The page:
The first real frost of the season last night - a perfect winter's day today: blue sky, bright sunshine and no wind.
Where does time go? Christmas is only a week away, yet autumn's hardly over. So what's been occurin'?
It seems Time magazine has chosen "The Protestor" as its "Person of the Year" -
Once upon a time . . . protesters were prime makers of history. Back then, when citizen multitudes took to the streets without weapons to declare themselves opposed, it was the very definition of news — vivid, important, often consequential. In the 1960s in America they marched for civil rights and against the Vietnam War; in the '70s, they rose up in Iran and Portugal; in the '80s, they spoke out against nuclear weapons in the U.S. and Europe, against Israeli occupation of the West Bank and Gaza, against communist tyranny in Tiananmen Square and Eastern Europe. Protest was the natural continuation of politics by other means.
And then came the End of History . . . globally triumphant "Western liberalism." The two decades beginning in 1991 witnessed the greatest rise in living standards that the world has ever known. Credit was easy, complacency and apathy were rife, and street protests looked like pointless emotional sideshows — obsolete, quaint, the equivalent of cavalry to mid-20th-century war. The rare large demonstrations in the rich world seemed ineffectual and irrelevant. (See the Battle of Seattle, 1999.)
"Massive and effective street protest" was a global oxymoron until — suddenly, shockingly — starting exactly a year ago, it became the defining trope of our times. And the protester once again became a maker of history.
Prelude to the Revolutions
It began in Tunisia, where the dictator's power grabbing and high living crossed a line of shamelessness, and a commonplace bit of government callousness against an ordinary citizen — a 26-year-old street vendor named Mohamed Bouazizi — became the final straw.
The protesters in the Middle East and North Africa are literally dying to get political systems that roughly resemble the ones that seem intolerably undemocratic to protesters in Madrid, Athens, London and New York City. "I think other parts of the world," says Frank Castro, 53, a Teamster who drives a cement mixer for a living and helped occupy Oakland, Calif., "have more balls than we do."
In Egypt and Tunisia, I talked with revolutionaries who were M.B.A.s, physicians and filmmakers as well as the young daughters of a provincial olive picker and a supergeeky 29-year-old Muslim Brotherhood member carrying a Tigger notebook.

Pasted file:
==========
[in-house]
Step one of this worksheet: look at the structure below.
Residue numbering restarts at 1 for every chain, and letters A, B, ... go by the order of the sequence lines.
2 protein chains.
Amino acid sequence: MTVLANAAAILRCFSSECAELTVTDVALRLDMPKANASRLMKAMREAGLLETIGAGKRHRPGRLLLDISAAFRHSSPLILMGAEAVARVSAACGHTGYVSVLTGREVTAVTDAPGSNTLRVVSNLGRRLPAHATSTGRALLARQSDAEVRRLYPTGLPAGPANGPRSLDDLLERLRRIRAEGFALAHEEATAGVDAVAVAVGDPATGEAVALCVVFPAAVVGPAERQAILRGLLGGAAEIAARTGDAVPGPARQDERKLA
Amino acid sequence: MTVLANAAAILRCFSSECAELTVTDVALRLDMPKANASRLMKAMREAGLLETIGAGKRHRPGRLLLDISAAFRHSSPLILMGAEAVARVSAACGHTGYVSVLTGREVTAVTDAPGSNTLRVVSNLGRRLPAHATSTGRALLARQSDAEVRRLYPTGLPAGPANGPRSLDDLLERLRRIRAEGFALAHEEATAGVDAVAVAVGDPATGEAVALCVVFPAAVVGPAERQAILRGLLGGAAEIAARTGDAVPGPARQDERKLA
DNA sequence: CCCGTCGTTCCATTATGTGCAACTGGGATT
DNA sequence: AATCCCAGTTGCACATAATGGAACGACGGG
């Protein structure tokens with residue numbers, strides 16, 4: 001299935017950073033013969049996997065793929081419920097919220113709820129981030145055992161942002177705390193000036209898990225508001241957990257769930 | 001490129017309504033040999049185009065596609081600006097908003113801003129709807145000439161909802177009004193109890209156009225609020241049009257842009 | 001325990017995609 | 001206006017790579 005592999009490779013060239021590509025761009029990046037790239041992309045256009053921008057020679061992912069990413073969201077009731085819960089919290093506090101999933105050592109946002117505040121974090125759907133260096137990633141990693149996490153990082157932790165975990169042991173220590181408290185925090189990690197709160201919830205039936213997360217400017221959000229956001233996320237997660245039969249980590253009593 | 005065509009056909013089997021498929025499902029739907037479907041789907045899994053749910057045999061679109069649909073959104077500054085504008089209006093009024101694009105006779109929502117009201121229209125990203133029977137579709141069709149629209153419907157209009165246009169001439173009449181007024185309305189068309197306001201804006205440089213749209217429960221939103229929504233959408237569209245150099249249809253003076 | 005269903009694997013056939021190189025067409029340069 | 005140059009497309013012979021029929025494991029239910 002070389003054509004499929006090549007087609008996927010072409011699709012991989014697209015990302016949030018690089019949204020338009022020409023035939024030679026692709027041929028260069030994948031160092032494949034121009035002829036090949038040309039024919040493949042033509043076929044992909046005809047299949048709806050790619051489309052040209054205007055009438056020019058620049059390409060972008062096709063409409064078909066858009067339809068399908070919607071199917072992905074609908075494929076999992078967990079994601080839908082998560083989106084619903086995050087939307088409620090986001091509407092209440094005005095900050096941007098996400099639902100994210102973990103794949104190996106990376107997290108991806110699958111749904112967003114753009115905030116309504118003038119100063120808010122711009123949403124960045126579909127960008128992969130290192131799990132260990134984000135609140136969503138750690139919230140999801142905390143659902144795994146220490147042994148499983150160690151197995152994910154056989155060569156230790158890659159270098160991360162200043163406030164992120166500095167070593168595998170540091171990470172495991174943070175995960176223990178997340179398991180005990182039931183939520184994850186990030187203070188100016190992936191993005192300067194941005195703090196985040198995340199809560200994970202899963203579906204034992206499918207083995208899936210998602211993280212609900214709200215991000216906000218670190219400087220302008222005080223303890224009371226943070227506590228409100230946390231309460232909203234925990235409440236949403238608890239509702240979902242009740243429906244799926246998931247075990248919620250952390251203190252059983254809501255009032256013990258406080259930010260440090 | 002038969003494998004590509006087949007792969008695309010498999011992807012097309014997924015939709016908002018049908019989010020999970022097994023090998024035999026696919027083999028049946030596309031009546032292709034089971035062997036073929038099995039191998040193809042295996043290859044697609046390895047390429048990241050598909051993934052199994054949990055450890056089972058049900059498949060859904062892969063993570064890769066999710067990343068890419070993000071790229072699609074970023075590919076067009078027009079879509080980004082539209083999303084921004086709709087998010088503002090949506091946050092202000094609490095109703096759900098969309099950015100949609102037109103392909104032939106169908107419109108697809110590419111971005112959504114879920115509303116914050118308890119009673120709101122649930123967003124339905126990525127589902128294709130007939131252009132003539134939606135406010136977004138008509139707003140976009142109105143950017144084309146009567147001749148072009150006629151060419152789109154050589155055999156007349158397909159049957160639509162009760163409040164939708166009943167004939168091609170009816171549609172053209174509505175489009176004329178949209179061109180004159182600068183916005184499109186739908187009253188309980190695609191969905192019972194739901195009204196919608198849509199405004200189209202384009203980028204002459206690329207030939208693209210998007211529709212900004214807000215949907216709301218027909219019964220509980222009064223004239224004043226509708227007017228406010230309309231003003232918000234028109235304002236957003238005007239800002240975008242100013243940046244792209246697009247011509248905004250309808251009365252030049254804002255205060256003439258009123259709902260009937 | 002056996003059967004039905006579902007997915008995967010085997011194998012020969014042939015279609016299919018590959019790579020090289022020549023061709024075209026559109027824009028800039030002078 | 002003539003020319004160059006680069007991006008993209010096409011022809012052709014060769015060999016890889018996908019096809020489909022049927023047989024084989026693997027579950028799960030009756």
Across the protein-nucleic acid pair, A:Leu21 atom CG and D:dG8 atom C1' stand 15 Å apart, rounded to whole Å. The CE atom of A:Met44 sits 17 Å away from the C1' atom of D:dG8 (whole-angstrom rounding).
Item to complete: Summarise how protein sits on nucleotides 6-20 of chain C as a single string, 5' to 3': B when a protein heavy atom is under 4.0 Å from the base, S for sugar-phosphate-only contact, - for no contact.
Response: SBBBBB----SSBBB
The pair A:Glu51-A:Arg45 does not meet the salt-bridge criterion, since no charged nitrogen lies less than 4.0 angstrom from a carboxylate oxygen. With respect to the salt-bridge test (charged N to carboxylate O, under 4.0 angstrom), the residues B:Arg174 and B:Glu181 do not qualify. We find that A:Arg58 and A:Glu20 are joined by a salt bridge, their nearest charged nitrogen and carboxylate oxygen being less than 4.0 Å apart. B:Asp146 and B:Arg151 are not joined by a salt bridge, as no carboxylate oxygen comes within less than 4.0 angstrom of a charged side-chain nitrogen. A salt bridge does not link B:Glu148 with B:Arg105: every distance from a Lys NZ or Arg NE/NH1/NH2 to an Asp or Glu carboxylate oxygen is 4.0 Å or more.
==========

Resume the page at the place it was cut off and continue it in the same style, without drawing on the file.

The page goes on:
The Occupy movement in the U.S. was set in motion by a couple of magazine editors — a 69-year-old Canadian, a 29-year-old African American — and a 50-year-old anthropologist, but airline pilots and grandmas and shop clerks and dishwashers have been part of the throngs.Read more: http://www.time.com/time/specials/packages/article/0,28804,2101745_2102132_2102373,00.html
It's been interesting spending some time in and around the camp at St Paul's and also the occupied Bank of Ideas.
The Bank of Ideas is situated on Sun Street, Hackney in an abandoned office block purchased several years ago by the bank UBS. It is an enormous space complete with a 500-seater lecture hall. We’re open to visitors and guests from 12 noon to 11 pm from Tuesday to Friday an from 10 am to 11 pm on Saturday and Sunday.
It has been opened to the public for the non-monetary trade of ideas to help solve the pressing economic, social and environmental problems of our time.
There is also room for community groups and other public services that have lost their space due to Government spending cuts to come and adopt a space for free.
Artists, performers and creatives are welcome to come entertain and to help transform the space. We also encourage games, workshops and skillshares on anything from yoga to yahtzee.
The only prerequisite is that this space is not for financial transactions. Trade in ideas or skills, but no one should need to pay to take part in the Bank’s activities.
Room 101 at the Bank of Ideas contains just three tents. And within those three tents . . .
Meanwhile down stairs in the main meeting room Caroline Lucas MP addressed an audience that eventually grew to about 60 mainly young people who sat together on the carpet. Like all good politicians she's impressively confident and articulate . . . And like all bad politicians she underestimates her audience, who nevertheless sit and listen patiently & politely to the usual stuff - standard critiques of the government and its policies.